The Ekklesia And Athenian Assembly

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1. The Ekklesia makes reference to the Athenian assembly, with Ekklesia literally meaning ‘assembly’. The assembly consisted of all the adult male citizens in Athens. It was these men that governed by making the laws of the time. Unlike Spartan democracy, any citizen was allowed the opportunity to propose a new laws or wanted debates, however they were not allowed to vote. The quorum, which refers to the minimum number of members of a specific deliberate assembly, consisted of 6000 men, whom were fined upon non-attendance, without a legitimate excuse, to the meeting. In terms of the Boule, which referred to the Athenian council, operated differently to that of the Ekklesia, the assembly. The Boule consisted of 500 citizens – 50 being from each tribe in Athens. Each member was first elected and then selected upon eligibility. They were required to be above 30 years of age and were not allowed to fall under the lowest class, which was the thetes. Each tribe took turns in running the Boule, each receiving a given 36 day period in which they had to live together in the agora, which was the city centre. Here they discussed politics and came to general consensuses.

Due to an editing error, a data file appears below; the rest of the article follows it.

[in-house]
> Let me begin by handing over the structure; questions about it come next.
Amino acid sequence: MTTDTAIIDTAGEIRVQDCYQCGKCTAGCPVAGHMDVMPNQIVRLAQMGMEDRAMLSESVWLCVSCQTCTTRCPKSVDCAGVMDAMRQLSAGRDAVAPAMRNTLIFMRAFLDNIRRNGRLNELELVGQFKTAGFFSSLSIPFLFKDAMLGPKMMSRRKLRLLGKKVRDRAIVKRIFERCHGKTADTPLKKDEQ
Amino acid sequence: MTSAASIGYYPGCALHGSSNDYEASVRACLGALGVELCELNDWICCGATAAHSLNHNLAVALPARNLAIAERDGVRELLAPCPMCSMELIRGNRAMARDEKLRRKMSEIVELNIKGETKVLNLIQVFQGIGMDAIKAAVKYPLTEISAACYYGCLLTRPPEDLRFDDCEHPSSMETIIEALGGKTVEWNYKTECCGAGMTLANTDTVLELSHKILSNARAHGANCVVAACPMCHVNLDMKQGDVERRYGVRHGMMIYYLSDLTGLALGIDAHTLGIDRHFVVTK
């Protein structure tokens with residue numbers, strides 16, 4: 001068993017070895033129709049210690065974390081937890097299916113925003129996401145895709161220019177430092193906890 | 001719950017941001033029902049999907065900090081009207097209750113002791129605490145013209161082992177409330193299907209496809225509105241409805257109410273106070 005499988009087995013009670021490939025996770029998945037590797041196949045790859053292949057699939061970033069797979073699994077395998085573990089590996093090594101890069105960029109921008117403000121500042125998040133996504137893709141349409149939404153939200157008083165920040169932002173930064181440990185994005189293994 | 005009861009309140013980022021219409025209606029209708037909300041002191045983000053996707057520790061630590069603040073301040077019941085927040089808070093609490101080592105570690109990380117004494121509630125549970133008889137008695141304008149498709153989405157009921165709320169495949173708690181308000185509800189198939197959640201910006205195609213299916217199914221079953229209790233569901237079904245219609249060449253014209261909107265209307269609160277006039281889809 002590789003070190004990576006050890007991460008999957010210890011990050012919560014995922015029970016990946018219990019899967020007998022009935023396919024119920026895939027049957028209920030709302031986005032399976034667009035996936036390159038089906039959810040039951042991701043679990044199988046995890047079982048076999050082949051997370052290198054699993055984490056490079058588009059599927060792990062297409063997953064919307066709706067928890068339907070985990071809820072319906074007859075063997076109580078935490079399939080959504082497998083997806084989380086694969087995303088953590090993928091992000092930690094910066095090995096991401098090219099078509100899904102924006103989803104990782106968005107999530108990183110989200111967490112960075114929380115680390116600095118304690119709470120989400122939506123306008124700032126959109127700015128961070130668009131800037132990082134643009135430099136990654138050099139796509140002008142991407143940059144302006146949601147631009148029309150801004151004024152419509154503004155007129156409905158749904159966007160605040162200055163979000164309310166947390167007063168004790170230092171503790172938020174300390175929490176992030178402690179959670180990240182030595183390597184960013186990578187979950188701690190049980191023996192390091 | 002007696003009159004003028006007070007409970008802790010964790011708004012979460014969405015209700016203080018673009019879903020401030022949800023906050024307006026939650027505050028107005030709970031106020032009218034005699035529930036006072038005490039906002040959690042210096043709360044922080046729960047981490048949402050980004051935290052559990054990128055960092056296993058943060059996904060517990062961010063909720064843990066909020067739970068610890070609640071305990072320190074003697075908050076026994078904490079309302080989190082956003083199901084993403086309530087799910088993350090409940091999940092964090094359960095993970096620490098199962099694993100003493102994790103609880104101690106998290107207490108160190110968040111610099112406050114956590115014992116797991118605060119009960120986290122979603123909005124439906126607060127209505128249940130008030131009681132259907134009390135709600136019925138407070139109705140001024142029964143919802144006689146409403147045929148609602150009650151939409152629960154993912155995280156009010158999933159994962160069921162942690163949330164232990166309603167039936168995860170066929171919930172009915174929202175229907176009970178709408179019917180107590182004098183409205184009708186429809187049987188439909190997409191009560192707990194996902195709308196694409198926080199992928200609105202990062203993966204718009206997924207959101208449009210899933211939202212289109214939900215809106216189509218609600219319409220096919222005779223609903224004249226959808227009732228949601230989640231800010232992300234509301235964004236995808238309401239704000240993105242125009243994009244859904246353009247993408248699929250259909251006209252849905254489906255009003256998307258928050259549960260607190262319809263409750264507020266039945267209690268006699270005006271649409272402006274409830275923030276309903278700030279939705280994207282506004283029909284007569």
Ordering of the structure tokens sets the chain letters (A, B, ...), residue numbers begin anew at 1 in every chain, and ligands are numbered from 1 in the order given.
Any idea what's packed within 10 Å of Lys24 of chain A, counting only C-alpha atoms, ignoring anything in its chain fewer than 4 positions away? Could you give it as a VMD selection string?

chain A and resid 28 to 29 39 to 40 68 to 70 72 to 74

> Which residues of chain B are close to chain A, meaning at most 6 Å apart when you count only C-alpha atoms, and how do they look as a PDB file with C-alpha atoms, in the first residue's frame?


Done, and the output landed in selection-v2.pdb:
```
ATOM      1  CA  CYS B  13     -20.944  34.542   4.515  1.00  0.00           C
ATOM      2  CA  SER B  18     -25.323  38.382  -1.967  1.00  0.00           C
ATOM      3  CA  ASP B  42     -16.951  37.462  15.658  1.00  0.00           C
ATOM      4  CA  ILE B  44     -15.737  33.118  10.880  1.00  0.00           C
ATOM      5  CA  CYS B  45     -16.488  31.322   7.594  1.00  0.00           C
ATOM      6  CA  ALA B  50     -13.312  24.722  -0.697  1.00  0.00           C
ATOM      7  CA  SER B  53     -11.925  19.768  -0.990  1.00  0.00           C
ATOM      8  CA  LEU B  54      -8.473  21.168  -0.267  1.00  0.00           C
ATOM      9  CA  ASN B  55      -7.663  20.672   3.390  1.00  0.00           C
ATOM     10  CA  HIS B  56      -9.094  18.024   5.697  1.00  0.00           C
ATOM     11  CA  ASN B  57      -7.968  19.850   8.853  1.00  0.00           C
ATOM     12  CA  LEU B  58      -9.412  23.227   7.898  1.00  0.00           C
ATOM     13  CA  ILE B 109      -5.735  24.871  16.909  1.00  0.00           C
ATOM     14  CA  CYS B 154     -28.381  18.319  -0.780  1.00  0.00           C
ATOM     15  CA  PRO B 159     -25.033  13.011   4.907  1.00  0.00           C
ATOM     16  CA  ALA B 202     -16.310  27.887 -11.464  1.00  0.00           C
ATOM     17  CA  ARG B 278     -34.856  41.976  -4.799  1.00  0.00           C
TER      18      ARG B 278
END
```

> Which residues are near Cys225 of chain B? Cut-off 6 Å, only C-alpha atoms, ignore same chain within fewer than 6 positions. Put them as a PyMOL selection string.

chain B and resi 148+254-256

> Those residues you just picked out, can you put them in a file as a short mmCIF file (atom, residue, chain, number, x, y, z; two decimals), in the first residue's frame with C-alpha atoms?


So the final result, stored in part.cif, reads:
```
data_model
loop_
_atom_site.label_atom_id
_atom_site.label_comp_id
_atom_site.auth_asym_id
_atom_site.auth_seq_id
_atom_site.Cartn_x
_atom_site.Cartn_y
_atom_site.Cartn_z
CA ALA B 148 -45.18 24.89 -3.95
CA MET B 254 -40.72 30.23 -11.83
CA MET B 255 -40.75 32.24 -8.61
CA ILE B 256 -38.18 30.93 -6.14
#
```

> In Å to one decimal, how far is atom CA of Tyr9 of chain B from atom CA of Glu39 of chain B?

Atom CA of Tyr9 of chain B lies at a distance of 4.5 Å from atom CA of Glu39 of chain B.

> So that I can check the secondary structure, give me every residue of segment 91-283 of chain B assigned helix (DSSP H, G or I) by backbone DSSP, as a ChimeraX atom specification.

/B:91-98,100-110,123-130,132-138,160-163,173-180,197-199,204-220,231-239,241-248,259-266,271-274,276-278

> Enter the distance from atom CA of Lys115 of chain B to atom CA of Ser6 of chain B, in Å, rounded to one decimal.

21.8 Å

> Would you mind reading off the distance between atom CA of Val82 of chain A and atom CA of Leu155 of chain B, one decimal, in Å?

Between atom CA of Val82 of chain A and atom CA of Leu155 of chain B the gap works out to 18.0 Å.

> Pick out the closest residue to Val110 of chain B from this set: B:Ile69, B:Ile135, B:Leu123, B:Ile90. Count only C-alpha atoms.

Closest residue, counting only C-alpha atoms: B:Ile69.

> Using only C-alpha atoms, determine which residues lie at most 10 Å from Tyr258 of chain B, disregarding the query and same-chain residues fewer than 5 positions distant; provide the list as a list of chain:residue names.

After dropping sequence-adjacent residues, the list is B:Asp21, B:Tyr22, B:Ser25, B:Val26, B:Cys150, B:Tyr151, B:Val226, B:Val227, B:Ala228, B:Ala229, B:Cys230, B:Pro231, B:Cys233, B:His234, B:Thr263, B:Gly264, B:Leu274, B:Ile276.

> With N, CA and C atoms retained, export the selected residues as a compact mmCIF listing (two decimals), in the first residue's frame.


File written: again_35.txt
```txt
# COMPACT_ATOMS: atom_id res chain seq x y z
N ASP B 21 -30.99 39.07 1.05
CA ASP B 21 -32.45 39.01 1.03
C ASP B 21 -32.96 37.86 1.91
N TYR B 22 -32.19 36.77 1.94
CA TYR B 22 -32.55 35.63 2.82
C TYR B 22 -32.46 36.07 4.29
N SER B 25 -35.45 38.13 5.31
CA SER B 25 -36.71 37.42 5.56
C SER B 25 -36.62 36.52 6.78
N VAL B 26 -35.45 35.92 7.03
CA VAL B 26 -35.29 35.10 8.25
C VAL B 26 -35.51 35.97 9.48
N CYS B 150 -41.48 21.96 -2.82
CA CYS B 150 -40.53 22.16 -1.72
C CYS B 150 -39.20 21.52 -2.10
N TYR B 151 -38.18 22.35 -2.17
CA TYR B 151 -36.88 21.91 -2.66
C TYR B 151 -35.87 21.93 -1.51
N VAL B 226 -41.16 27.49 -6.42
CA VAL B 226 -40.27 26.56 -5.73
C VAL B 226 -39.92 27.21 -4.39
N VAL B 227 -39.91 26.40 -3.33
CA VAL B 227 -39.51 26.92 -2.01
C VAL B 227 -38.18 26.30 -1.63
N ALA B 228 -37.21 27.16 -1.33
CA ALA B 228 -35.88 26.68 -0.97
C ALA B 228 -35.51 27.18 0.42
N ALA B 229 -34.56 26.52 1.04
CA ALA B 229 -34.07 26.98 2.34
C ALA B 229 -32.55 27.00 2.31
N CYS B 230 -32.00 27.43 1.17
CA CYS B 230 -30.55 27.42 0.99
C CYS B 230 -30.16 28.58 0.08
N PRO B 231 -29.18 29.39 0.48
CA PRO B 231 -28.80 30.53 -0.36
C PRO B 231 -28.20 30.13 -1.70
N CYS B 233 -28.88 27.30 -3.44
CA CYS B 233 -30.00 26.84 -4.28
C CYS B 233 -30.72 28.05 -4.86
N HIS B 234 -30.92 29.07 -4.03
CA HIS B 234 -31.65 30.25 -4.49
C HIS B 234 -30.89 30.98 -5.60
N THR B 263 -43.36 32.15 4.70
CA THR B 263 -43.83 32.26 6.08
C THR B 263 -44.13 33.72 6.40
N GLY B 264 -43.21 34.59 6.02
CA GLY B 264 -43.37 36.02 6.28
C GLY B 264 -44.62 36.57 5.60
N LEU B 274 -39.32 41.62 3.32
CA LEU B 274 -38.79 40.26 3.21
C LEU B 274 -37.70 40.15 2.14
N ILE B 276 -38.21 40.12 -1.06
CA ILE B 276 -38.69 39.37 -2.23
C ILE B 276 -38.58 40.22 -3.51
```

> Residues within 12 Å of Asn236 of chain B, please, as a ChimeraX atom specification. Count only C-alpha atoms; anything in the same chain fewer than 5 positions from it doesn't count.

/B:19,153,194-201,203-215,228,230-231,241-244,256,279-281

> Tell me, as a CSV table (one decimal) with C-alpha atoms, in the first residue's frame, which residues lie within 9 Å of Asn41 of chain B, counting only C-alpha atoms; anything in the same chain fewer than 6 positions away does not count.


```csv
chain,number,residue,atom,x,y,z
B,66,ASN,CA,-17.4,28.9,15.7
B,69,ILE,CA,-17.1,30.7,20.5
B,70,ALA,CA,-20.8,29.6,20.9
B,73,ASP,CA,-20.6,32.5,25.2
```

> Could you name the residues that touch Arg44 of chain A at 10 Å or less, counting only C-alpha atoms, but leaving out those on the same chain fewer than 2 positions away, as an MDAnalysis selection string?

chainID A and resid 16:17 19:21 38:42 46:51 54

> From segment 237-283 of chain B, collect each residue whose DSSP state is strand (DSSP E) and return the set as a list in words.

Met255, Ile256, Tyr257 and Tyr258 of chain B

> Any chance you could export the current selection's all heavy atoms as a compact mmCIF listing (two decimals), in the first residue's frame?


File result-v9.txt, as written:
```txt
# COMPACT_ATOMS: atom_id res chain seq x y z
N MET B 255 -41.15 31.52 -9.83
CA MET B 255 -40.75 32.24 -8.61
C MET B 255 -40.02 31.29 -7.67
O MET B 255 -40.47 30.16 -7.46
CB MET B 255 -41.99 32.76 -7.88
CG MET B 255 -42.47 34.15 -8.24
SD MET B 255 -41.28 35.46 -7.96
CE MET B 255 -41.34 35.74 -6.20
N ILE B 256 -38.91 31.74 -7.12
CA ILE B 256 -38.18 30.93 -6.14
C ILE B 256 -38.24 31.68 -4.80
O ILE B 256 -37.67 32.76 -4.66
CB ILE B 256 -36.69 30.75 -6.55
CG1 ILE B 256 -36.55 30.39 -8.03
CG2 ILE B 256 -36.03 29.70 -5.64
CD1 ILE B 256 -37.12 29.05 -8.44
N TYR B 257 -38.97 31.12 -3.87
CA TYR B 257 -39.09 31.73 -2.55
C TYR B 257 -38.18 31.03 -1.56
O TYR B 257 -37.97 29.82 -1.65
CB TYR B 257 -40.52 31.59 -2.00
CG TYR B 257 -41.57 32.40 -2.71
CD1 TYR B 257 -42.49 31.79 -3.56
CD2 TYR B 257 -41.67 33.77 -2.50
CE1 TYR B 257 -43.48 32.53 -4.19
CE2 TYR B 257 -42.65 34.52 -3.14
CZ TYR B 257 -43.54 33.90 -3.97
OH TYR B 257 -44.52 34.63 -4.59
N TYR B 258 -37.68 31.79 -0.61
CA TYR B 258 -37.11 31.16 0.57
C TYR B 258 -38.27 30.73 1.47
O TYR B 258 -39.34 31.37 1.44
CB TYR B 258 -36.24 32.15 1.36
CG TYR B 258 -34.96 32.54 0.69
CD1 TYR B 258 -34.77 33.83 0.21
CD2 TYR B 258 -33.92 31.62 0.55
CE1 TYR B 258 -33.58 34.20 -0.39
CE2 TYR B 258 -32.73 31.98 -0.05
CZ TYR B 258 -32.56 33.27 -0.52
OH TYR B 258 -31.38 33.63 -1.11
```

2. In the citizens’ juries of time in
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Upon speculation, I noticed that she was dressed in a conservative manner – draped in linen cloth. This gave off the impression that clothing in general of respectable woman served to conceal them from the eyes of strange men, those who weren’t their husbands. My mind wondered off to the many festivals held on the streets of Sparta – whereby woman of all forms paraded their bodily features. There was nothing shameful in doing so because Spartans knew that nakedness was accompanied by modesty and

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